There were two major changes on the “road” to buy-to-let:
- A change to the landlord and tenant law
- A desire by ARLA to promote its member’s business
The first step towards buy-to-let as we now know it was that the law on landlord and tenant was changed to make letting easier and more financially attractive to private landlords.
Before the Housing Act 1988 tenants had very strict rights to “security of tenure” (rights to occupy a property). This made it difficult for a landlord to evict if the tenant misbehaved, went into rent arrears, or otherwise broke the terms of the tenancy. There were only restricted circumstances under which a landlord could take back possession of the property, and in any case this required a court hearing. Selling with vacant possession to release the full value of the property was rarely an option.
The amount of rent a landlord could charge was also limited, and despite being called a “Fair Rent”, was often well below the true open market rental value.
The Housing Act 1988 introduced The Assured Shorthold Tenancy. This is a much more flexible arrangement which allows landlords to:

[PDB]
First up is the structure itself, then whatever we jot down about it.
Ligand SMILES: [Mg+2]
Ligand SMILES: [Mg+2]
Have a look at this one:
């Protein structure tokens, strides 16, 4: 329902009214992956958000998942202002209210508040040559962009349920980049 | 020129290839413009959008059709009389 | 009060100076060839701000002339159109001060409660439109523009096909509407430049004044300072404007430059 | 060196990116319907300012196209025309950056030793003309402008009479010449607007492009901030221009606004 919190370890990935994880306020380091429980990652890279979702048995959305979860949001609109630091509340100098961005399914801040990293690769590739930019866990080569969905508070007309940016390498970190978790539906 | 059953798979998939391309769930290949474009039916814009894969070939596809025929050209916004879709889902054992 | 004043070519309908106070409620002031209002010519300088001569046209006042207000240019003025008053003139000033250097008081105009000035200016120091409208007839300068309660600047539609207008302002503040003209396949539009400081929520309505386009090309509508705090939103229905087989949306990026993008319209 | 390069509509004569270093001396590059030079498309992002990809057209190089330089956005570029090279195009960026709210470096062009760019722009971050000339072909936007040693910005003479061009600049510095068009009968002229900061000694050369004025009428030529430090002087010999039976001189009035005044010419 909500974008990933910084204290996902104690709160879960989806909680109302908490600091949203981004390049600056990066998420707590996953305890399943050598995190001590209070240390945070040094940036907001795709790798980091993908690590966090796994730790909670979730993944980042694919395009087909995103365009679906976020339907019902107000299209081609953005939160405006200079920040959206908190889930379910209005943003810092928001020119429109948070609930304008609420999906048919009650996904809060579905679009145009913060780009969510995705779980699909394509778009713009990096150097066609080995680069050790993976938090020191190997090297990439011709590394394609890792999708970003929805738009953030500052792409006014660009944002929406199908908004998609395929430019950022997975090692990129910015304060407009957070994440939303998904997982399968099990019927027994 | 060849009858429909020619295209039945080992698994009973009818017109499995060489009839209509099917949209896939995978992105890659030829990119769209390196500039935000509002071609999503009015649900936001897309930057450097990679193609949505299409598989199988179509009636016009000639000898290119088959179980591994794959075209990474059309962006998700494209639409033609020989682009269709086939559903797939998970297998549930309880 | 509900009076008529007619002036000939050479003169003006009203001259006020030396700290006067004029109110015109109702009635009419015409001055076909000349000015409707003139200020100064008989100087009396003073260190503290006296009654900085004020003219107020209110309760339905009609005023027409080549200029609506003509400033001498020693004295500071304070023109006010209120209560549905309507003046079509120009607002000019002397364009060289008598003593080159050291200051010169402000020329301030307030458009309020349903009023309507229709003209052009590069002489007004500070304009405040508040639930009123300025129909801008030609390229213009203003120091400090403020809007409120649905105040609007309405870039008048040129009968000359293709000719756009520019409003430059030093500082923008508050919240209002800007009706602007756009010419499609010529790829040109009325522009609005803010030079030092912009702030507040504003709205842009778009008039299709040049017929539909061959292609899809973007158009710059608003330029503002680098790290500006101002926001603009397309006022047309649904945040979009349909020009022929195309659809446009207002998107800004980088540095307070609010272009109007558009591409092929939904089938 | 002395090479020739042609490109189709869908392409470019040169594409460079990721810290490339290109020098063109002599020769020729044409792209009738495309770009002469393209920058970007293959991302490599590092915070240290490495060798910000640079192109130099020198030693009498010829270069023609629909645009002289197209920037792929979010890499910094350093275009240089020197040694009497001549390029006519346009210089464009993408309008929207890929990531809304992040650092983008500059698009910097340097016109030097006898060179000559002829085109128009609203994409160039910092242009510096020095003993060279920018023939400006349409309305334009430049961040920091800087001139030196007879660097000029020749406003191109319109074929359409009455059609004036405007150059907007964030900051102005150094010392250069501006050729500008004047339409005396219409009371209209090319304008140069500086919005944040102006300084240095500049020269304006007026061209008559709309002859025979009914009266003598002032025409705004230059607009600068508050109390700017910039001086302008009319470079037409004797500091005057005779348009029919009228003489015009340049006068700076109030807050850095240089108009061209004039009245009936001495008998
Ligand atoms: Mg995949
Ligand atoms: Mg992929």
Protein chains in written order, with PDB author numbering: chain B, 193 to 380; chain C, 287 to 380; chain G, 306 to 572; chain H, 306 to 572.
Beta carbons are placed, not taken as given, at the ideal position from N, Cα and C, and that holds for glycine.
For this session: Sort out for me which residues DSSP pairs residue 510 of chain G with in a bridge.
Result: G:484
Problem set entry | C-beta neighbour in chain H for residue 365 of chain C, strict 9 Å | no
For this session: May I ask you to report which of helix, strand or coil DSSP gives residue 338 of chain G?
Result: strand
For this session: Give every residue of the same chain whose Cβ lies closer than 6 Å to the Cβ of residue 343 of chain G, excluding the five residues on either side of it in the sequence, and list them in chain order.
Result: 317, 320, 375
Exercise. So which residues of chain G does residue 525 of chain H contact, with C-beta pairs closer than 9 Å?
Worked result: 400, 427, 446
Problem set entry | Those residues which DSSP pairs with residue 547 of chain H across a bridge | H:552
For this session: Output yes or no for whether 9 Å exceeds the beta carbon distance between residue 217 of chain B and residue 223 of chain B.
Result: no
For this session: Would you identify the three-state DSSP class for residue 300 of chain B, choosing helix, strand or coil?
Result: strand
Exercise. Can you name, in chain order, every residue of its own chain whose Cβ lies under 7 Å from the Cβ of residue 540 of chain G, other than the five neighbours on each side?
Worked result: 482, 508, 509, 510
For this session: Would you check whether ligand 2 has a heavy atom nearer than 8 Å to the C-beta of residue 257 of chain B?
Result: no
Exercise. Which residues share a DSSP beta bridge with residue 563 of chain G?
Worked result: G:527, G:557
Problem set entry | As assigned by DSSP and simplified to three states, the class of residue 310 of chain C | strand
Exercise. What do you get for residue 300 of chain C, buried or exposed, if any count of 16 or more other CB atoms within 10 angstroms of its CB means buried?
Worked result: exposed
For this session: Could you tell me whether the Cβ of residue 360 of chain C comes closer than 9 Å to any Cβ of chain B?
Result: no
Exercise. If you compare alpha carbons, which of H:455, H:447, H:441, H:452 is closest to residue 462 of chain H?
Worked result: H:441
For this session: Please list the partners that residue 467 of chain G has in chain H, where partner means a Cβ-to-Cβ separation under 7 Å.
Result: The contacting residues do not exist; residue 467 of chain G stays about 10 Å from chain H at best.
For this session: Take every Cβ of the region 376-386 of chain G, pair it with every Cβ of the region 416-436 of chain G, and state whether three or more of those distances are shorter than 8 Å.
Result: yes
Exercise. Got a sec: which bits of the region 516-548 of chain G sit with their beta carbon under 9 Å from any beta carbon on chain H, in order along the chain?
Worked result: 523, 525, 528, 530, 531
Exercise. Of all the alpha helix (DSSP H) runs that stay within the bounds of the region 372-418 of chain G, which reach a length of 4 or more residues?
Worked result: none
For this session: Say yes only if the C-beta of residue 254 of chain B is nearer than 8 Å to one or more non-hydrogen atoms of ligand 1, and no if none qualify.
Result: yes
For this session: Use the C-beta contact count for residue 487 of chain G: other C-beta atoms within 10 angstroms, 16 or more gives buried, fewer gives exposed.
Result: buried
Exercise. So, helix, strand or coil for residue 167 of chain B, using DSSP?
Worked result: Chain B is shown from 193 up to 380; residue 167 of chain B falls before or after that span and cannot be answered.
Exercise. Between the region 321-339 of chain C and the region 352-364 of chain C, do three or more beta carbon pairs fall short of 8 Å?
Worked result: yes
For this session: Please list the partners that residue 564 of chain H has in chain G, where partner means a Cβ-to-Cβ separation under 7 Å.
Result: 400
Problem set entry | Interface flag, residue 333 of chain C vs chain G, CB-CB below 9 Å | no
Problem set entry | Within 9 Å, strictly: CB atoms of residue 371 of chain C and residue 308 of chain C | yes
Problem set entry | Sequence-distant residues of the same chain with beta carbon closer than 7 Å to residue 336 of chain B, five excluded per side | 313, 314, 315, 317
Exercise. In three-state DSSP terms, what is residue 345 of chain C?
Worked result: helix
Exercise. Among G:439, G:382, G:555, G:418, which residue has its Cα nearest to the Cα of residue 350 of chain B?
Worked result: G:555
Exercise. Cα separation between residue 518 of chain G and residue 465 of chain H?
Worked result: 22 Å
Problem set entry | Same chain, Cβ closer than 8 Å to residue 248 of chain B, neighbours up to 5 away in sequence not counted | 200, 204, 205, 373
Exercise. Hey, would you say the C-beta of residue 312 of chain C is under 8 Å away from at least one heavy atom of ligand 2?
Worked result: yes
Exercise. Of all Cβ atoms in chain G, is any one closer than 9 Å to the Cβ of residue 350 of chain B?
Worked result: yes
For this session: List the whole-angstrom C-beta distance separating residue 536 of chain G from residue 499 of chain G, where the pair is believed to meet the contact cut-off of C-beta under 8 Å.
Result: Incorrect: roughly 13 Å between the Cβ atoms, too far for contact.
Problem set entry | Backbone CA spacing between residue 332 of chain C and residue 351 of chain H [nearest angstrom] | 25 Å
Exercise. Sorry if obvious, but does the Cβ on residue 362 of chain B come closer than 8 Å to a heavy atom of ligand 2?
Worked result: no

- Take possession of a property on giving a suitable notice period, usually two months;
- Charge a full market rent
The second major change occurred was in the mid 1990’s. ARLA, the Association of Residential Letting Agents, www.arla.co.uk, decided to encourage the private residential letting market for the benefit of it’s members. It hoped this could be achieved by teaming-up with various mortgage lenders, who agreed to make loans easier to obtain by private investors. In return, ARLA members agreed to maintain the value of the investment, against which the loan was secured, by organising high quality, professional property management.
And so the Buy-to-Let Scheme as we know it was born.